But interviews with nearly 20 scientists — including a dozen W. H.O. consultants and several members of the committee that crafted the guidance — and internal emails paint a picture of an organization that, despite good intentions, is out of step with science.
Whether carried aloft by large droplets that zoom through the air after a sneeze, or by much smaller exhaled droplets that may glide the length of a room, these experts said, the coronavirus is borne through the air and can infect people when inhaled.
Most of these experts sympathized with W. H.O.’s growing portfolio and a shrinking budget and noted the tricky political relationships it has to manage, especially with the United States and China. They praised W.H.O. staff for holding daily briefings and tirelessly answering questions about the pandemic.
But the infection prevention and control committee, in particular, experts said, is bound by a rigid and overly medicalized view of scientific evidence, is slow and risk-averse in updating its guidance and allows a few conservative voices to shout down dissent.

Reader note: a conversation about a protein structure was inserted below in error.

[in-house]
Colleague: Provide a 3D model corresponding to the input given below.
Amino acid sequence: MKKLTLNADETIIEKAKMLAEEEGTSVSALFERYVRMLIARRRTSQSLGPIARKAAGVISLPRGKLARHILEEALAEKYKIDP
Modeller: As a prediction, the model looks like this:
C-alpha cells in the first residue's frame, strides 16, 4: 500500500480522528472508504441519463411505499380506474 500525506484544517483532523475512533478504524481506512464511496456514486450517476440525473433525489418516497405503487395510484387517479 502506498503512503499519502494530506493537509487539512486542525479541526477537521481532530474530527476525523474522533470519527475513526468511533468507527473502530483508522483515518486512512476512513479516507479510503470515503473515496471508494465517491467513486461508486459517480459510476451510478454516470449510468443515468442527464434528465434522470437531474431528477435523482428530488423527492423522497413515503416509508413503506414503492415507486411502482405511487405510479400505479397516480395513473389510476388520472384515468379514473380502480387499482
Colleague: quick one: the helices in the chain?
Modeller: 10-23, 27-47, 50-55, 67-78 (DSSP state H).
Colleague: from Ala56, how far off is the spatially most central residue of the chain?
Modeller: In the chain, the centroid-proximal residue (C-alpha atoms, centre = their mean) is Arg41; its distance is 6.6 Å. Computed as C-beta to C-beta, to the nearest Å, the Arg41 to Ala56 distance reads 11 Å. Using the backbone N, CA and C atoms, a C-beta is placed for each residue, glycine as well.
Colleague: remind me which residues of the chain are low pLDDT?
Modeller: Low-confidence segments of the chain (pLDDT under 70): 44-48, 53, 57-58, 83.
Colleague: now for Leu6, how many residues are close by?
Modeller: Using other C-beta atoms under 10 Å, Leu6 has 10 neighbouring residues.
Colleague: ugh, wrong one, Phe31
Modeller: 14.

“They’ll die defending their view,” said one longstanding W. H.O. consultant, who did not wish to be identified because of her continuing work for the organization. Even its staunchest supporters said the committee should diversify its expertise and relax its criteria for proof, especially in a fast-moving outbreak.
“I do get frustrated about the issues of airflow and sizing of particles, absolutely,” said Mary-Louise McLaws, a committee member and epidemiologist at the University of New South Wales in Sydney.
“If we started revisiting airflow, we would have to be prepared to change a lot of what we do,” she said. “I think it’s a good idea, a very good idea, but it will cause an enormous shudder through the infection control society.”
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